The two mind hypothesis proposes that human capacities such as self-awareness enabling reflective thought, deep complexity of linguistic grammar, and the propensity for mental illness all are underlain by the emotional dynamics between two minds in humans. The “old mind” was evolved in pre-human hominids for six million years, and the new mind was only recently evolved 200,000 years ago with us Homo sapiens.
The most important difference between the old mind and the new one is their radically different modalities of communication. Insight into the method of communication in the old mind, which was exclusively how hominids communicated prior to humans, can be obtained by a psychoanalytic understanding of how the superego is installed in the developing child.
Everybody knows about the oedipal complex. The boy falls in love with his mother, has fantasies that the father will castrate him in retaliation, and then resolves this conflict by giving up the love affair with the mother and identifying with the social prohibitions represented by the father. I remember thinking to myself when listening to some of my professors back then that the idea of castration anxiety was accepted as a root principle and the cause of a panoply of disparate symptoms. Indeed, numbers of times in my practice I came to the conclusion that a male patient clearly did have castration anxiety, and I would feel compelled to say something like, “I know this is going to sound ridiculous, but . . .” After all, from the Darwinian perspective which I subsequently adopted, that particular organ does play an absolutely crucial role.
Melanie Klein was a brilliant British child psychoanalyst who thought that superego formation happened in the infant’s relationship with the mother. The whole issue is so vexing because in constructing a frightening superego, you have to figure out how the child’s own anger makes a “U-turn” in his or her mind and is experienced as fear in the form of shame or guilt. Simply stated, the mechanism of guilt as “anger turned inward” is a central tenet in psychoanalysis.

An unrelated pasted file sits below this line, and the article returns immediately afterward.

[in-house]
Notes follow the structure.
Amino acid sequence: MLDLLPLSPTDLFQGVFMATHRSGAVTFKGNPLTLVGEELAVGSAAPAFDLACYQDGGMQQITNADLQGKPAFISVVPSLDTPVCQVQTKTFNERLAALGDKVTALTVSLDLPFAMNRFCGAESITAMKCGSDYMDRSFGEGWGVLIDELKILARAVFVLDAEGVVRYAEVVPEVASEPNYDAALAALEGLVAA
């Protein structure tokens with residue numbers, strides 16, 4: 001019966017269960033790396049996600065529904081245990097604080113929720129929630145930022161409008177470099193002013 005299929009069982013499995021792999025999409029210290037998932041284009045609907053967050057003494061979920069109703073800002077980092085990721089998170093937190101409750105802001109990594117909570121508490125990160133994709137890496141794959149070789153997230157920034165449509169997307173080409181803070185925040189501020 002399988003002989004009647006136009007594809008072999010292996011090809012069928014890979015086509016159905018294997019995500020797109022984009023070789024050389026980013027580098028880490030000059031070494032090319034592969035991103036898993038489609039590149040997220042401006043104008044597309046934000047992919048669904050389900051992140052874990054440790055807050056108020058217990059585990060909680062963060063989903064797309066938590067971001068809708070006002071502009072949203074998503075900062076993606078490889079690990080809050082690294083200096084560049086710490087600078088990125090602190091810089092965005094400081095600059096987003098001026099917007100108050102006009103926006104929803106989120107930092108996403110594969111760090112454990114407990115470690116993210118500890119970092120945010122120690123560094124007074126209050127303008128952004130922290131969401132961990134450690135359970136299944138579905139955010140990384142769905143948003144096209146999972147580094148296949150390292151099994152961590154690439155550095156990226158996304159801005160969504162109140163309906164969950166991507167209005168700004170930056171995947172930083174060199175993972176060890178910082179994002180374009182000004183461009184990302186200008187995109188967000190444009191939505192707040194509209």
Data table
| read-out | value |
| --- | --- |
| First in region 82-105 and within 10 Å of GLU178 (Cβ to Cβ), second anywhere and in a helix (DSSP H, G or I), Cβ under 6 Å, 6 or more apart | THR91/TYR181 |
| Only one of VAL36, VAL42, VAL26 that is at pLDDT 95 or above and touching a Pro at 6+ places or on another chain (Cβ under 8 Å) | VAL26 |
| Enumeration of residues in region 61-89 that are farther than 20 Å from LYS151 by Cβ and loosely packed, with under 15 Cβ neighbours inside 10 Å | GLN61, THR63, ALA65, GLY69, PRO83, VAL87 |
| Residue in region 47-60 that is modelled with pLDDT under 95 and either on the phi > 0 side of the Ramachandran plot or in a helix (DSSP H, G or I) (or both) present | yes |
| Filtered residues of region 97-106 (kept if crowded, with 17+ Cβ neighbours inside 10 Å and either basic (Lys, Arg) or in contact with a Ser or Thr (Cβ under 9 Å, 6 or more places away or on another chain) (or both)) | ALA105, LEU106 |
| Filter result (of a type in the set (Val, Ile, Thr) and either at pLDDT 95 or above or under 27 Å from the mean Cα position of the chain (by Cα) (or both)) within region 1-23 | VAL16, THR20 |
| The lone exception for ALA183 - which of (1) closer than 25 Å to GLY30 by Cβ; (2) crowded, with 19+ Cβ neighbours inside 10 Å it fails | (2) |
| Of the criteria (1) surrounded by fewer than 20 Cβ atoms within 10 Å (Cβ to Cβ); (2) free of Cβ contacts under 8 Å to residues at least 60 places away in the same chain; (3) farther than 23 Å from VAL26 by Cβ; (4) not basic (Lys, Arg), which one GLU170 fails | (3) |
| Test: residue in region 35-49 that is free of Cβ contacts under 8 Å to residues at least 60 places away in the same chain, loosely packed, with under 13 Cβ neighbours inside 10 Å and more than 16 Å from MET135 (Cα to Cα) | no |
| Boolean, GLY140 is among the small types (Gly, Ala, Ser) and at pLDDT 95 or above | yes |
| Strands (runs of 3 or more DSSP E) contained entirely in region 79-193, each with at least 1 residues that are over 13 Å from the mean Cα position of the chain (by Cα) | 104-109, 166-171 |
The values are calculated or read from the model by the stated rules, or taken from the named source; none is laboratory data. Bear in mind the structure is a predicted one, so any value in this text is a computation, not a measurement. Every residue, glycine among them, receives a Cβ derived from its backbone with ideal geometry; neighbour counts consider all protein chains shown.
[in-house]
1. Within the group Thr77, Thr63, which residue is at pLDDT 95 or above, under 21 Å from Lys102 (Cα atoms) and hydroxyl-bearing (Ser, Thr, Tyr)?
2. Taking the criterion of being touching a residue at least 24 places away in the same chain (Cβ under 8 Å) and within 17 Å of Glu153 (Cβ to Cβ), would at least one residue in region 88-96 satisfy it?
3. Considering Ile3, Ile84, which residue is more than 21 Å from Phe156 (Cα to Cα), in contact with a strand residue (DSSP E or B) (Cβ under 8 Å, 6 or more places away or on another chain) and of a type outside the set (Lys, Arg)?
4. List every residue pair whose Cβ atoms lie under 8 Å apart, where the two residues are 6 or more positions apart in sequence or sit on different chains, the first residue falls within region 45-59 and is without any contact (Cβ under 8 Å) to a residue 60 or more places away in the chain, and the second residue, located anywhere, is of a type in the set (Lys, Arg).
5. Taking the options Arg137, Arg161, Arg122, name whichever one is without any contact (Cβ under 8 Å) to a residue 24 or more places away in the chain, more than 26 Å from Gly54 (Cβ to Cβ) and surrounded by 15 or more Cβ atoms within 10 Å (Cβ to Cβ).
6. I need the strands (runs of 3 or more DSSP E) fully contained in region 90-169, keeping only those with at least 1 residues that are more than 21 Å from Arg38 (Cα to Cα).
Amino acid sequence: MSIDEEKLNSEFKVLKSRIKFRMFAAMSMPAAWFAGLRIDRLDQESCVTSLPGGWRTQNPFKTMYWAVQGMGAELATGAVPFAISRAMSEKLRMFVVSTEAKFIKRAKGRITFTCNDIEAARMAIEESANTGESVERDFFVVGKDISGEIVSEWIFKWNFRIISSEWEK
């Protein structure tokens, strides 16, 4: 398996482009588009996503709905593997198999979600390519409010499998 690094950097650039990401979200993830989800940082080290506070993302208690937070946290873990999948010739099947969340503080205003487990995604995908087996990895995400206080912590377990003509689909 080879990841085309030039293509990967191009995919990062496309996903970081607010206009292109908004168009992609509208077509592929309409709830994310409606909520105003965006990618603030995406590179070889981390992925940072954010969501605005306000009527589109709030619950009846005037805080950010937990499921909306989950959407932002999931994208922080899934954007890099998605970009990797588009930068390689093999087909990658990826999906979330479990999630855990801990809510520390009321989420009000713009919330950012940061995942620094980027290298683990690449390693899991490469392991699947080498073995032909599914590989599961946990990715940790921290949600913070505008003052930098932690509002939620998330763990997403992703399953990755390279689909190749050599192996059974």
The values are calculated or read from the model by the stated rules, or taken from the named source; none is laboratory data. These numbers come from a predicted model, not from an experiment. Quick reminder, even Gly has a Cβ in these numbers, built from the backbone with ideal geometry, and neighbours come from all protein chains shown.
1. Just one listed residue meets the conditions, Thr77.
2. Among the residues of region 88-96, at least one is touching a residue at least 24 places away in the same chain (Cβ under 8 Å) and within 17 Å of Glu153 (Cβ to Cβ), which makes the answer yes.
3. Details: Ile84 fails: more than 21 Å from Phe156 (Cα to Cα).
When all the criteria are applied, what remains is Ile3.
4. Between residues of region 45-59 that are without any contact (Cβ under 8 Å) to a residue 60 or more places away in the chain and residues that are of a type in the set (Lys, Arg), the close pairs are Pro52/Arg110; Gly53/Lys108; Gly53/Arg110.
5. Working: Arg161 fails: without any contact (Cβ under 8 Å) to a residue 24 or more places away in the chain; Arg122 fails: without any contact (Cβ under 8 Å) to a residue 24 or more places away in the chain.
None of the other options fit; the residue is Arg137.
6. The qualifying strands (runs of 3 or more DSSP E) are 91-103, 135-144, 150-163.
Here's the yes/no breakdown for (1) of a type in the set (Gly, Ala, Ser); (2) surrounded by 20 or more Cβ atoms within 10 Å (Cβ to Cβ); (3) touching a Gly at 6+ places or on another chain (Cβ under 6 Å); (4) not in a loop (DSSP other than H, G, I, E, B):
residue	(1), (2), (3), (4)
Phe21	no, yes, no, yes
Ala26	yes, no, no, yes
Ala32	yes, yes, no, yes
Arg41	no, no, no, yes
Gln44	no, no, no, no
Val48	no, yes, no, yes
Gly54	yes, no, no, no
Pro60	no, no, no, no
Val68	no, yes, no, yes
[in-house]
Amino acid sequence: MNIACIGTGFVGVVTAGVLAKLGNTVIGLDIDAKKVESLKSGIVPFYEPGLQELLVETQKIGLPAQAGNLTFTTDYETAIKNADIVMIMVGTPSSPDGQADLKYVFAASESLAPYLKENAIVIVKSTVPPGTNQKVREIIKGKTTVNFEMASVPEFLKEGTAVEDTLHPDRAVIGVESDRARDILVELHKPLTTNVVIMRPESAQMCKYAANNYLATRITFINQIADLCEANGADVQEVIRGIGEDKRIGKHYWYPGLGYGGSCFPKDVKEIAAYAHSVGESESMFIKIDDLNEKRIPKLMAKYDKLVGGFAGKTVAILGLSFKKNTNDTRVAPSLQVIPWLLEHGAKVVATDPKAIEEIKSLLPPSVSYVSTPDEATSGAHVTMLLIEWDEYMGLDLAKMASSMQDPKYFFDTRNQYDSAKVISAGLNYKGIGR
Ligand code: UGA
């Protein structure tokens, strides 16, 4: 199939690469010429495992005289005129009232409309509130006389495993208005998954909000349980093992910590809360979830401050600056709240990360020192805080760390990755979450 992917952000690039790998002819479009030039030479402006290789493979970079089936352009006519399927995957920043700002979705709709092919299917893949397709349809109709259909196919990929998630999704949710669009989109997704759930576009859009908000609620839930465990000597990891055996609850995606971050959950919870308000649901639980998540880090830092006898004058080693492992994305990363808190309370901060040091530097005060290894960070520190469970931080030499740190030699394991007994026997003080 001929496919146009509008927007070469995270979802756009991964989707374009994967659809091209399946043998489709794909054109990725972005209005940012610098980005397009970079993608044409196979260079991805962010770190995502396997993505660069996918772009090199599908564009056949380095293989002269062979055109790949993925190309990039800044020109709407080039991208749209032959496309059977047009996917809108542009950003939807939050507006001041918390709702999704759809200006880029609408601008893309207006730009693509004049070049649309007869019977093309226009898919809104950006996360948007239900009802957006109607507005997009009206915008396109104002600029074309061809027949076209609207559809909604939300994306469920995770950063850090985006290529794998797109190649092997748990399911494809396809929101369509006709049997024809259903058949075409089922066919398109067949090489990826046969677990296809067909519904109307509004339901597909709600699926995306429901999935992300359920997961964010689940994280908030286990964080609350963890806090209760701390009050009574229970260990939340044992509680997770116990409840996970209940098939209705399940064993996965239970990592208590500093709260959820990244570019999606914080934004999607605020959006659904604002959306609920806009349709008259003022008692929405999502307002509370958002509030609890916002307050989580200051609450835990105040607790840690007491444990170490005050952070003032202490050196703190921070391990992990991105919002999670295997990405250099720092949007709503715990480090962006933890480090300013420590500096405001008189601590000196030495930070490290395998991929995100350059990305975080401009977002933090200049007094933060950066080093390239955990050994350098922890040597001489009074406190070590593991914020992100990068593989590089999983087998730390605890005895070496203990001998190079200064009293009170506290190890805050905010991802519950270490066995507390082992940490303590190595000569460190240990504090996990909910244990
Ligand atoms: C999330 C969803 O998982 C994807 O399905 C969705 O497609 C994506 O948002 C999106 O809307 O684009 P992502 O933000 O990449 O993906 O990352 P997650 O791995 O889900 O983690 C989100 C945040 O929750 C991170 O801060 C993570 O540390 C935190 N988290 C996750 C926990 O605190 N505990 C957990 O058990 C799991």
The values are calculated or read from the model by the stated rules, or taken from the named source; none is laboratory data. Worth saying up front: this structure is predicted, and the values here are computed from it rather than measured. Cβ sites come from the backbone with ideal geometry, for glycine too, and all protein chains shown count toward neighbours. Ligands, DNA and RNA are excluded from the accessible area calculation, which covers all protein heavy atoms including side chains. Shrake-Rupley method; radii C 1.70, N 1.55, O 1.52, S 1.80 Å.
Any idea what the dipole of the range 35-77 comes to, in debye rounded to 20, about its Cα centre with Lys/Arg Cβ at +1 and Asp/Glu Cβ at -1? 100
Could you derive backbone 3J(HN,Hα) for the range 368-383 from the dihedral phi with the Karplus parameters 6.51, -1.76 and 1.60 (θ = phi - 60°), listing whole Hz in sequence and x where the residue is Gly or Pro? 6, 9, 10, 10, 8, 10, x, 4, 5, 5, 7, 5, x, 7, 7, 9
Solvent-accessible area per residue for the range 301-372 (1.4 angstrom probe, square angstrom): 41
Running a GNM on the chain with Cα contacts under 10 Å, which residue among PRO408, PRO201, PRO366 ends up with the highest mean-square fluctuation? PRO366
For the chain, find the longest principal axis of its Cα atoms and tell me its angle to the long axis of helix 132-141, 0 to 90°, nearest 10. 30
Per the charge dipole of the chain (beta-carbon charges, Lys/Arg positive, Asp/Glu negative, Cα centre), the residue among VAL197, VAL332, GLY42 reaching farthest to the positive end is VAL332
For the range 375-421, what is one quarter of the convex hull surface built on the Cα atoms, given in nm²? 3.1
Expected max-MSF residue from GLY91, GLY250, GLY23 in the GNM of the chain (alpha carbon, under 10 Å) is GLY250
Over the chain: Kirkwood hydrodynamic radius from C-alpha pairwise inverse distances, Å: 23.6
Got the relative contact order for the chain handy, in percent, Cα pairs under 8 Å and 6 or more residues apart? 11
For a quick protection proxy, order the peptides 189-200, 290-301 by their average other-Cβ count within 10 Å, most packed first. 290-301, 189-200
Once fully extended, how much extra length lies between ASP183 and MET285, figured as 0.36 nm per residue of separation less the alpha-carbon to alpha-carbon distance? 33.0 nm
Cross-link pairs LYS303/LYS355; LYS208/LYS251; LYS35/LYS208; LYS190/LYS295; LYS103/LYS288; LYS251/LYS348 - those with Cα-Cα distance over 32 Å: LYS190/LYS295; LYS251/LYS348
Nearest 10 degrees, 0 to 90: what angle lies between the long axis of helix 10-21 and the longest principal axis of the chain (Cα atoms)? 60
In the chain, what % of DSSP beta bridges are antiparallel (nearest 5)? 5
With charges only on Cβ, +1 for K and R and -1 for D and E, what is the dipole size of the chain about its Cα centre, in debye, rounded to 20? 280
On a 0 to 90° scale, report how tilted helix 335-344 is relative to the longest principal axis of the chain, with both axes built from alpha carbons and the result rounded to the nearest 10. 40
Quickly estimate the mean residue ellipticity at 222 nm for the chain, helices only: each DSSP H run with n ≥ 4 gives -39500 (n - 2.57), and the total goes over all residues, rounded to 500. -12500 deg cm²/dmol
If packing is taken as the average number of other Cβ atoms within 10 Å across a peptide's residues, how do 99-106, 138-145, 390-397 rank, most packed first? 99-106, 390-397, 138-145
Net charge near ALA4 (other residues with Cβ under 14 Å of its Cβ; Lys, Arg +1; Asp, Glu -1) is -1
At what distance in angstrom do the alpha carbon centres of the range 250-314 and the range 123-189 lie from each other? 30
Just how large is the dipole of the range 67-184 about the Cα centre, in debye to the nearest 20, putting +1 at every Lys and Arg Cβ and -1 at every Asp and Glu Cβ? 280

The key concepts are projection and identification. Identification is a processes by means of which part of you, specifically an emotional part, existentially becomes—actually takes up residence in and begins to exist within—whatever it is out there that is being identified with. In Freud’s time, psychological metaphors were mechanical, so the problem then became, through what mechanism could an emotion be propelled into, let’s say a parent? So, they simply came up with the label of “projection” to cover that part of the identification process.
As the child inevitably becomes frustrated with the mother, that frustration is “projected” onto the mother. At this point the infant is trying to “get rid of” this anger because it interferes with the pleasure of contact with the mother; but, as a result of this process, the youngster begins to experience his or her own anger as coming from the mother. When this happens, the infant has “traded in” his or her anger for the fear inspired by mom being angry back at the infant. So now the child has to cope with having an (imagined) angry mother, which is almost as bad as being mad at her in the first place. What’s a baby to do?
This is where identification “solves” this arcane dilemma. The child “identifies,” or becomes—takes back in and takes ownership of—his or her own rage in its projected form of being aimed back at the child by the mother. The infant is now the proud owner of the beginnings of a superego installed in his or her mind in the form of a little piece of an angry mom that pops out, and is experienced as guilt when behaving badly. If you are confused at this point, you are not alone. Nevertheless, I am not only convinced that this is what actually happens in the developing child, but that this basic process of identification underlaid all communication in pre-human hominids for six million years.
One distinguishing feature about this identification process is that it is aversively motivated, that is, motivated by the attempt to minimize the painfulness of anger interfering with the pleasure of contact with another individual. Through the process of identification, anger is transformed into “rules” that inhibit antisocial behavior thereby permitting productive social interaction. For two million years the pre-human Homo species’ brain expanded by converting competitive anger into ever more complex social rules of productive group behavior (division of labor).
Much of this cognition was involved in the communication and understanding of collective algorithms, which are sequential series of coordinated interactional steps (rules) that a group underwent in obtaining knowledge about the detection and response to predators and prey in hunting and foraging for food.